BAGHDAD — Security forces fired live ammunition and tear gas at protesters in the Iraqi capital and in a southern city on Saturday, killing at least nine people and wounding 39 as thousands of protesters took to the streets and set fire to political party offices, government and human rights commission members said.
The clashes came hours after authorities lifted a round-a-clock curfew in Baghdad meant to quell the unrest, now in its fifth day and sparked by popular anger over a lack of jobs and endemic corruption in the oil-rich country. The upheaval is the most serious challenge for Iraq since the defeat of the Islamic State group two years ago.
Saturday’s violence brought to 73 the total number of people killed over five days of protests, deepening the country’s political crisis. The semiofficial Iraqi High Commission for Human Rights, affiliated with the parliament, put the death toll at 94. It said nearly 4,000 people have been wounded since Tuesday.
The bloodiest violence in Baghdad came Friday, when 22 people were killed. Health officials said many of the victims were wounded in the head and chest.
In a desperate attempt to curb the growing rallies, authorities blocked the internet Wednesday and imposed the curfew on Thursday. The curfew, ignored by protesters, was lifted at 5 a.m. Saturday, allowing shops to open and traffic to flow in most of Baghdad. But by early afternoon, dozens of protesters began gathering in the streets around central Tahrir Square, which remained closed to cars. Armored vehicles and troops sealed off the area leading to the square, while special forces and army vehicles deployed around the square and as far as 2 kilometers (1.2 miles) away.
Health and security officials said four people were killed when forces fired at protesters gathered in a street near the square.
Hundreds of protesters retreated amid intense tear gas and live fire by security forces, but at least three more were killed by gunfire.
Thousands of protesters later took to the streets in the southern cities of Nasiriyah and Diwaniyah, according to Iraqi officials and a member of the semiofficial human rights commission, defying a curfew that was still in place there.
In Diwaniyah, at least one protester was killed as demonstrators marched toward local government offices, a medical official and human rights official said. They did not provide details.
In the restive city of Nasiriyah, demonstrators torched the offices of three political parties and a lawmaker. Security forces responded with gunfire, but there was no immediate word on casualties, said the officials, who described the protest as “very large.”
Another protester was killed and 13 wounded in the southern Baghad neighborhood of Zaafaraniyeh, health and police officials said. Nearly 40 people were wounded in the capital, said medical officials. All the officials spoke on condition of anonymity because they were not authorized to brief reporters.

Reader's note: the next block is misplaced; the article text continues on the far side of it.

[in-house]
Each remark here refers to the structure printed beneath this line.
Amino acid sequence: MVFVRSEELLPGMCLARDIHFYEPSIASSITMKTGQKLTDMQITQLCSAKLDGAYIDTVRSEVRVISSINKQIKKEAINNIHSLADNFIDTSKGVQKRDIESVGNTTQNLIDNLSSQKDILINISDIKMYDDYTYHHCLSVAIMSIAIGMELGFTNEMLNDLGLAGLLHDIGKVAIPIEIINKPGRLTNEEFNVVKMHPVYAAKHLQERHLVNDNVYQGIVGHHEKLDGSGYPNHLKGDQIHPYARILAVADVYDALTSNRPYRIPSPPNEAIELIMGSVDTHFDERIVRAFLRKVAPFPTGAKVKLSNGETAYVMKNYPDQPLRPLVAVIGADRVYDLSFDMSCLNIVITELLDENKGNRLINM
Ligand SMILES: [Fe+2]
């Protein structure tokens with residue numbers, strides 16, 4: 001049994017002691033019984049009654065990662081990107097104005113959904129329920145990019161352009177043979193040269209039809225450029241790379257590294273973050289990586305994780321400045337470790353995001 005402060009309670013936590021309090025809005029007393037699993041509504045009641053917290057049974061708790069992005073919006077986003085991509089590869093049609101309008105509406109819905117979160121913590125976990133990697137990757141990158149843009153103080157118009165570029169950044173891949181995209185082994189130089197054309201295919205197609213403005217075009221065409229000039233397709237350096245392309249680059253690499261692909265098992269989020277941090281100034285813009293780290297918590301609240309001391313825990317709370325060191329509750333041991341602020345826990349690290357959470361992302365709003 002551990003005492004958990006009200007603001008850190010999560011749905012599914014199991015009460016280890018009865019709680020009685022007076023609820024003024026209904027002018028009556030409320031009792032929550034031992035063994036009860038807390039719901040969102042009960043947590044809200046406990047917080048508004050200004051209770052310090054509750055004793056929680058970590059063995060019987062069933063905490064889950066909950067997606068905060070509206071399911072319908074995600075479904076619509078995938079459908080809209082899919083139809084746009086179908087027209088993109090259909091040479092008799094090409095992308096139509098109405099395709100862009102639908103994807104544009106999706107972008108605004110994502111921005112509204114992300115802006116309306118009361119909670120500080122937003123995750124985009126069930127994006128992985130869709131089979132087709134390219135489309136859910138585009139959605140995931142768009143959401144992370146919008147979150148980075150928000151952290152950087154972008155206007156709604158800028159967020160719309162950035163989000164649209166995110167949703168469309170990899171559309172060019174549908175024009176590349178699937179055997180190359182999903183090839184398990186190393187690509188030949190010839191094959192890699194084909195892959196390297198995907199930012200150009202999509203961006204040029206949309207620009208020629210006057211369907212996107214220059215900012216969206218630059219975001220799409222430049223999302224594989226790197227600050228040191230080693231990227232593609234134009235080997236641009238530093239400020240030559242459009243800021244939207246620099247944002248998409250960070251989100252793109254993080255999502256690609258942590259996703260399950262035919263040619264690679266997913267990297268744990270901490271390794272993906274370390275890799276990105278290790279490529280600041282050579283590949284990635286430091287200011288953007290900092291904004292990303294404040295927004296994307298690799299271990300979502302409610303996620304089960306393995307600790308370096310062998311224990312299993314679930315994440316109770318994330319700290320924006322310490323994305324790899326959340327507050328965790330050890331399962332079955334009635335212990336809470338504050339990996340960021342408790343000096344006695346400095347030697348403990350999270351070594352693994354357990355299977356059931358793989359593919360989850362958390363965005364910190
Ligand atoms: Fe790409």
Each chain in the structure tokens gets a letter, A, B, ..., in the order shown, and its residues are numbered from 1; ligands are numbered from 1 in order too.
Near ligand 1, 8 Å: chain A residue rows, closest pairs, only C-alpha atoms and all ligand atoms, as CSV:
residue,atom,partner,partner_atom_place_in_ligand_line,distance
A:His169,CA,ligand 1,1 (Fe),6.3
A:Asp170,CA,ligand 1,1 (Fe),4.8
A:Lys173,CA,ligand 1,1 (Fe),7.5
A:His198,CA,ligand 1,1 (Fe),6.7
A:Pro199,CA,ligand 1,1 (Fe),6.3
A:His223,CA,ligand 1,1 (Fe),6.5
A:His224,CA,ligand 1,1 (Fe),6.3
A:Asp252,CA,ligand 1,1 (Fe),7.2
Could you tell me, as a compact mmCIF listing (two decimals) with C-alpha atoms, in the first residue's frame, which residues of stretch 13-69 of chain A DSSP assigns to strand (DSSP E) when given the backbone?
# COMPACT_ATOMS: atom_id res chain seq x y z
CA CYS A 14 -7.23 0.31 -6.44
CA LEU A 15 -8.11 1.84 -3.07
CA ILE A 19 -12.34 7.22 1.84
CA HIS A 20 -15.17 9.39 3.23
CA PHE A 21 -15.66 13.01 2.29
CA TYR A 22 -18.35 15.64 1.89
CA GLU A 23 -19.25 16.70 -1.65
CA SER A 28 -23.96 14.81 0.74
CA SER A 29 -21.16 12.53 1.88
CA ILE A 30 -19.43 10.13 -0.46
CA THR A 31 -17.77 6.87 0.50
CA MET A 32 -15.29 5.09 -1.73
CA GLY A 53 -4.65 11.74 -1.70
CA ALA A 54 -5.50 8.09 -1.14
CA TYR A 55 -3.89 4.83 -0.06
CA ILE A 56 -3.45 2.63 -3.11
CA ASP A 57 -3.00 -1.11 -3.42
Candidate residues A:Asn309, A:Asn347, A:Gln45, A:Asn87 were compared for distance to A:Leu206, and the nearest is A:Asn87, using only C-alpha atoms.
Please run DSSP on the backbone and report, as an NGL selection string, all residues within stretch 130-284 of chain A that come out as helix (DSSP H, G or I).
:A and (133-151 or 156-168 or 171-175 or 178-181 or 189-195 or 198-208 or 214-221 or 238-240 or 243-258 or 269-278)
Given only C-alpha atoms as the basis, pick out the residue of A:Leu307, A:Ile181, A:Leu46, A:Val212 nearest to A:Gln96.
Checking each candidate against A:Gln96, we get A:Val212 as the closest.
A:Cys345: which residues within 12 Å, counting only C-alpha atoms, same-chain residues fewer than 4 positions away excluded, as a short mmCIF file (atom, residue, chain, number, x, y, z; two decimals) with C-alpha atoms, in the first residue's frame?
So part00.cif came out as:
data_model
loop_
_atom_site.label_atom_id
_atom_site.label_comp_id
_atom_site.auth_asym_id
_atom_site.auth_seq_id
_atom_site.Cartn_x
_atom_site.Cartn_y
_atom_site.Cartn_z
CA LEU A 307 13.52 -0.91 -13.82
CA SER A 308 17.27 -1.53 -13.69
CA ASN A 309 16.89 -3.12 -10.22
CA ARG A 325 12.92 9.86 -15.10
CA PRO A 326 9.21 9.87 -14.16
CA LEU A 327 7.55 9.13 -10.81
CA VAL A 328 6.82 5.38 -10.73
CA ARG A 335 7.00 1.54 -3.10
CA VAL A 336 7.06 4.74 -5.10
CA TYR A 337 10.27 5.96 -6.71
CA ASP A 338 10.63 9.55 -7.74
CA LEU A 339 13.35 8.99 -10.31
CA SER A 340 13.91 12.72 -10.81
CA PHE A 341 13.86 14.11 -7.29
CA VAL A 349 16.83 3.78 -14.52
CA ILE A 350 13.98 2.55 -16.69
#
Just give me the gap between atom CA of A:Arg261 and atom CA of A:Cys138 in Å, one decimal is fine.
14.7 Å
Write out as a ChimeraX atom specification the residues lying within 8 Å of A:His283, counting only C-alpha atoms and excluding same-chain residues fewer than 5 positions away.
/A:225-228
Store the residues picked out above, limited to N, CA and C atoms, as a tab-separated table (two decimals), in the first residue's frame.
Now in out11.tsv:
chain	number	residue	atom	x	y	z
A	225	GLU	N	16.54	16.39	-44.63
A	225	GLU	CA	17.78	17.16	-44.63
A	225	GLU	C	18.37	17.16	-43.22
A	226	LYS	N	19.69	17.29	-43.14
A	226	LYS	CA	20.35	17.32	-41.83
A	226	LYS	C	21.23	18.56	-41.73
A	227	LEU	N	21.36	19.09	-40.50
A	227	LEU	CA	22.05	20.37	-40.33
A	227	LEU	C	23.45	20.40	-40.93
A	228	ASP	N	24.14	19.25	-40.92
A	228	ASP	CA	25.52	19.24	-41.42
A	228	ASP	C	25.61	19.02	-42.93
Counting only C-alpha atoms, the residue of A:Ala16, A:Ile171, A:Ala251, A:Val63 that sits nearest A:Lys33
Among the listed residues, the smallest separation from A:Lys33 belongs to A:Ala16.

Rasoul Saray, a 34-year-old unemployed Baghdad resident who took part in the protests, said security officials at checkpoints were stopping young men and turning them away in various suburbs, apparently fearing they would join the protests. Saray said he saw one young man get arrested after security officials inspected his mobile phone and found a recorded protest video.
Iraqi politicians have scrambled to contain the demonstrations, calling for meetings with protest representatives and an emergency session of parliament Saturday to discuss protesters’ demands. But there was no quorum for the session after the largest bloc boycotted the session at the behest of its leader, influential Shiite cleric Muqtada al-Sadr. On Friday, al-Sadr called on Prime Minister Adel Abdul-Mahdi’s government to resign and hold early elections, saying the shedding of blood of Iraqis “cannot be ignored.”
Al-Sadr called for boycotts of parliamentary sessions until the government puts forth proposals acceptable to the protesters and other government opponents.
Both Abdul-Mahdi and Parliament Speaker Mohammed al-Halbusi called on protest representatives to meet with them so they could hear their demands.
The rallies erupted spontaneously on Tuesday, when mostly young demonstrators took to the streets demanding jobs, improved services such as electricity and water, and an end to corruption in the oil-rich country.
“We will keep going and we won’t back down,” said Abbas Najm, a 43-year-old unemployed engineer who was part of a rally Saturday in Tahrir Square in which demonstrators raised banners demanding Abdul-Mahdi’s resignation and an investigation into the killings of protesters. “It has been 16 years of corruption and injustice. We are not afraid of bullets or the death of martyrs.”
Abdul-Mahdi said in an address to the nation that the protesters’ “legitimate demands” had been heard, but he defended the deadly response of security forces as a “bitter medicine” that was necessary for the country to swallow.